The war between the brothers, which had been stormily fought in private, became public two years ago. It began with aggressive pashkavalim (notices) and ended with violent skirmishes between the two camps. The match that lit the fire was when the “Mendelists” broke into the office of the Vizhnitz yeshiva in Bnei Brak and stole a computer that had the rebbe’s speeches saved on it.
The motive for these acts is significant for the succession. Each side is trying to boast that the rebbe is siding with him and to incorporate his words and inheritance for himself. Control of the rebbe’s speeches and writings is the key to this. This act obviously, led to protest and caused the rivalry to deteriorate into physical violence. The latest and most radical expression was on Tuesday - with the arrests of a number of Vizhnitz Hassidim after the police received complaints of violence from both sides.
The commotion reached a peak when Rabbi Asher Weiss, one of the great Hassidic speakers, arrived at the central Vizhnitz synagogue. When Menachem-Mendel arrived that evening for prayers, a number of “Srulists” insulted and yelled “thief” at him. “This exceeded the borders of good taste”, explains Amos (fictional name) a Vizhnitzer. “This was a very painful story in Vizhnitz”, he added and explained that the whole battle is because of “a few young men who are inciting everyone”.
He explains the latest arrests as an attempt by Hassidim to calm the situation and to extinguish the fires. As proof he explains that there were an equal number of “Srulists” and Mendelists” among the arrested.
On Passover, when the two brothers saw that the war between them turned into actual street battles, they publicly came out for the first time and pleaded with their Hassidim to leave violence aside and to act like Torah scholars.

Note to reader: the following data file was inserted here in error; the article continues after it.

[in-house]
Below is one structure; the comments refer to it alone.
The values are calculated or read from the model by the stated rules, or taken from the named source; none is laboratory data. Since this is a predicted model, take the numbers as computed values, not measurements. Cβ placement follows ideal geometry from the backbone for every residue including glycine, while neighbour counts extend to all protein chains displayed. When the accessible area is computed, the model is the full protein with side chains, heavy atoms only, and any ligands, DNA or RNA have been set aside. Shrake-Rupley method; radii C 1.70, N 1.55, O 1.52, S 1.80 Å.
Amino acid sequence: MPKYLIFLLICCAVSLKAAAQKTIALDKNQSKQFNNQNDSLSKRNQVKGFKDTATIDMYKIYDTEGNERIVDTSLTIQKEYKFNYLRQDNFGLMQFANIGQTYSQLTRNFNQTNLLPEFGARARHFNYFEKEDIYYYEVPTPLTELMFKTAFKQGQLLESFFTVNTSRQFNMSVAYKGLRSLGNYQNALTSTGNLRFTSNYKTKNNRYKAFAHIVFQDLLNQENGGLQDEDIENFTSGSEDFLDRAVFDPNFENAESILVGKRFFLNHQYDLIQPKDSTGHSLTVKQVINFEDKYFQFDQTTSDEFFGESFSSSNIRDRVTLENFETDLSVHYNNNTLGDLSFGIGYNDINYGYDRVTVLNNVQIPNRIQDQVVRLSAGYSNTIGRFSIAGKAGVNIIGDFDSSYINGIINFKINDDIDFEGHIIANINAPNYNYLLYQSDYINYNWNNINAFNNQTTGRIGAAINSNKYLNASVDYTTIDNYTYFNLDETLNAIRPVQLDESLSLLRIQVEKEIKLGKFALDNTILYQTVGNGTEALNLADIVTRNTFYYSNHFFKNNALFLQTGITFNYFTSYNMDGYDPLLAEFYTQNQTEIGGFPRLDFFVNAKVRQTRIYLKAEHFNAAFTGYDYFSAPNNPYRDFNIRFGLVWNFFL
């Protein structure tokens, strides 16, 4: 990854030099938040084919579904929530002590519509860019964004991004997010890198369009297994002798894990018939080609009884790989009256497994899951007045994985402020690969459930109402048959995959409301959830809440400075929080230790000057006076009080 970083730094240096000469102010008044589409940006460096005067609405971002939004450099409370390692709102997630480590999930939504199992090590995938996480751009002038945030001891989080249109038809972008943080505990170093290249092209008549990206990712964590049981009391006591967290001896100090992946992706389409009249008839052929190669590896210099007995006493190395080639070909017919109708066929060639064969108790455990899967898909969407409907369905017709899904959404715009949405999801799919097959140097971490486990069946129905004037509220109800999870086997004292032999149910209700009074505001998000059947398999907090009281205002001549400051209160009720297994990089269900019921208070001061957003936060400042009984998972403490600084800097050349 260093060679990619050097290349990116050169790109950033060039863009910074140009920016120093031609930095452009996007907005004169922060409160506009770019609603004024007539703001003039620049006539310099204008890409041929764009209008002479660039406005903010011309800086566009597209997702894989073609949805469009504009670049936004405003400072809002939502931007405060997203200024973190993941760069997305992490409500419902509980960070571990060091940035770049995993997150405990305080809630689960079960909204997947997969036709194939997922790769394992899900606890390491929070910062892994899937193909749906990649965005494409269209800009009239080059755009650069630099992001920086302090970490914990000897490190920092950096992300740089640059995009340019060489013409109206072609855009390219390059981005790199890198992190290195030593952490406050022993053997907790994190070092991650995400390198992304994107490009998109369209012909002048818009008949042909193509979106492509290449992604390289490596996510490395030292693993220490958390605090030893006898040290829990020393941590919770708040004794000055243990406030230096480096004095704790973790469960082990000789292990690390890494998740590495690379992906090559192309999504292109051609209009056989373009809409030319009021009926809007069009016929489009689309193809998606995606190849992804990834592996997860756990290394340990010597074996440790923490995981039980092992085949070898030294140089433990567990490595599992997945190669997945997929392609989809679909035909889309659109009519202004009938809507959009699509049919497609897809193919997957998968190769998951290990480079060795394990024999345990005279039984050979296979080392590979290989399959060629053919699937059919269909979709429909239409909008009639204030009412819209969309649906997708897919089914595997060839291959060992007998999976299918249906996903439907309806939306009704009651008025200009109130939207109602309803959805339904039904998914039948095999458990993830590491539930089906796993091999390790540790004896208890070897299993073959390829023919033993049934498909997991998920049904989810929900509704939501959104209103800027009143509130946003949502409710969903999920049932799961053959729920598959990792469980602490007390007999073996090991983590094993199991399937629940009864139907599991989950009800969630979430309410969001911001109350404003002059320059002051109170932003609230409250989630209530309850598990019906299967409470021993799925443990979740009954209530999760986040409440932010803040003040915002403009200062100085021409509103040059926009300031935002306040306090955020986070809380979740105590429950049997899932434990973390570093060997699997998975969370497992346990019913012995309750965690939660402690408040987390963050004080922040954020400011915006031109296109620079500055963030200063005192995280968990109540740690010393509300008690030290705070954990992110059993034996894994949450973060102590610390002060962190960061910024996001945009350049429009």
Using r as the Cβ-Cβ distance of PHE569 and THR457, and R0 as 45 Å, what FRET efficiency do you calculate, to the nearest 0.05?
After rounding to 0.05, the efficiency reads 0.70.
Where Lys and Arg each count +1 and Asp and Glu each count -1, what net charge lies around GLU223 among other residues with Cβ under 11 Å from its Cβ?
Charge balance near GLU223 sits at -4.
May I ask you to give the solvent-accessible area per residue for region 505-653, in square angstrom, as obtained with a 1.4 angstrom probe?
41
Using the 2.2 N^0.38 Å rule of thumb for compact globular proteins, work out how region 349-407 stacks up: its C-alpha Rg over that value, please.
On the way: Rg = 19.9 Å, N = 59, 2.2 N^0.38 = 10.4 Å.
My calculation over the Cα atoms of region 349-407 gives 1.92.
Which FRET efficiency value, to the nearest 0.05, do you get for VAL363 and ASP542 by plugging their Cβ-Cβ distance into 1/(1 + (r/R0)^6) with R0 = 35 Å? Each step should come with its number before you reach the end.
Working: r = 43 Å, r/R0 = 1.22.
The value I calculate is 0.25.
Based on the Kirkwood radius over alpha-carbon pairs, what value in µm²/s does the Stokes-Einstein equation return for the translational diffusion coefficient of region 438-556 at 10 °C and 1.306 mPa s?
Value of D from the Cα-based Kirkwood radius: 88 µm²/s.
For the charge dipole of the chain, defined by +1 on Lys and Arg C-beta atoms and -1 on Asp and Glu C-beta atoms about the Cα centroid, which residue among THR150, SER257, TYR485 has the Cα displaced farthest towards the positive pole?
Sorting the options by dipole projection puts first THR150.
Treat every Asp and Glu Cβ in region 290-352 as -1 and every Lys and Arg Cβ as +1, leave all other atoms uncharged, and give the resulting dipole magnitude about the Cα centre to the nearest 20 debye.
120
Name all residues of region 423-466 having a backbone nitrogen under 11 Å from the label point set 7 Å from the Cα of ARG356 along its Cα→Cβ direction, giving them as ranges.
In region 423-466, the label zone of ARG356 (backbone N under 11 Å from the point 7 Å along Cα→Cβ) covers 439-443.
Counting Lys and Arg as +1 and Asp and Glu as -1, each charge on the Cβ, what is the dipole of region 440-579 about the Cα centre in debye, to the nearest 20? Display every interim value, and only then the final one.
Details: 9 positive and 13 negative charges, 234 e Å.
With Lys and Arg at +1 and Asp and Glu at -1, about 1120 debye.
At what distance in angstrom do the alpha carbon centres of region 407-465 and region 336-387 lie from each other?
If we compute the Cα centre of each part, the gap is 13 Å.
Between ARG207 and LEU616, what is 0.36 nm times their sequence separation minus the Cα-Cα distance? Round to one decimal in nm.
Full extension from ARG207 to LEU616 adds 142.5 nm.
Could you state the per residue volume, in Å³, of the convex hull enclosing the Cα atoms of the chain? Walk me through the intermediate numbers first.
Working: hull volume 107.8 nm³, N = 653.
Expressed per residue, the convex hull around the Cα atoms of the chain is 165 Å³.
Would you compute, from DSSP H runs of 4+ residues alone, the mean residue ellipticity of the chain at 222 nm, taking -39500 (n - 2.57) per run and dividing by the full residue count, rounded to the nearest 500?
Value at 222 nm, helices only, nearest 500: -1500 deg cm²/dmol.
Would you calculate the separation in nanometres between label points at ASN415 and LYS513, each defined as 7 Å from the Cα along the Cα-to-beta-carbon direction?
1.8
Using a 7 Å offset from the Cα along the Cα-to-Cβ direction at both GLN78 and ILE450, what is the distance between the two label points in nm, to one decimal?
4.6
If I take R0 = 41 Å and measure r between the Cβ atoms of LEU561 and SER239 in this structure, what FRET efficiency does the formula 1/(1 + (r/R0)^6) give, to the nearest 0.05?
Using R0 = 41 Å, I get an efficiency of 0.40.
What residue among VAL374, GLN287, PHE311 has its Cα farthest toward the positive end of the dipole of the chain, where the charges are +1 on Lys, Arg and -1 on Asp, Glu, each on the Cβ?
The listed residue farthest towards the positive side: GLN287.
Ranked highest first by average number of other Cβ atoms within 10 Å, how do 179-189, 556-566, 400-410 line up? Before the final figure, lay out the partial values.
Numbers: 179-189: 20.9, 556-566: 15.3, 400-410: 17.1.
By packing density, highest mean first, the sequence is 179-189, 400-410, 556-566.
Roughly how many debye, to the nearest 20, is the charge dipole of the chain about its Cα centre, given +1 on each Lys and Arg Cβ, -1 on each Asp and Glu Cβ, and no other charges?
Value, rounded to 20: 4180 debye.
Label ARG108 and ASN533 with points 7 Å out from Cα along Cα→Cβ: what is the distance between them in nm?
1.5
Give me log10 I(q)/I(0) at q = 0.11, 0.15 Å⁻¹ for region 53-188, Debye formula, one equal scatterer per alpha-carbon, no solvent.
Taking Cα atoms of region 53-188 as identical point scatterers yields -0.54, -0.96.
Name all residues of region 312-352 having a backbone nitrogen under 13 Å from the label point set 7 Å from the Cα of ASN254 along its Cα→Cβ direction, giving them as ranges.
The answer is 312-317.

“To our deep sorrow, we have lately been witnessing indecent acts, burglary, breaking into homes, children cowering in fear”, Yisrael said in a speech to his followers last Saturday. “The reaction of the past few days is not condoned by Torah”, he warned, “fathers must watch their sons, so that no one will take retaliation upon himself and do things that are not to be done”.
His brother, Menachem-Mendel spoke on Thursday in a Passover speech entitled “G-d shall fight for you, and you shall remain silent”. In order to understand the connection, it is worth noting that Moses said this phrase to the children of Israel a moment before the splitting of the Red Sea as the Egyptians were chasing behind them.
“We are not at such a low level. Even though it is difficult to tolerate and much more difficult to hold back, our rabbis raised us to high levels, and we are Jews, and Vizhnitz Hassidim, and therefore we have to act accordingly, and this will be the great victory”, Menachem-Mendel delivered in a speech of encouragement.
As long as Hassidism has existed, since its inception by the Baal Shem Tov in the 18th century, the spiritual movement has seen many splits and divisions. ‘In the beginning of Hassidism”, explains a knowledgeable source, “the divisions stemmed from ideological and spiritual reasons. Everyone had his or her own path. There was a significant difference between their prayers, style of learning and way of life”.
“Every Vizhnizer wants to remain in Vizhnitz”, he adds, “But the Hassid feels that one of the brothers speaks to him more than the other, or he feels better under the patronage of one of the brothers”.
He frankly defines the struggle in Vizhnitz as a struggle that “exceeded the borders of good taste. There have been disagreements but never in a way that escalated into a war”. He further notes that the “struggle is over power, because both sides have money” and adds “obviously after the grand rebbe passes away, each side will claim that they deserve the inheritance”.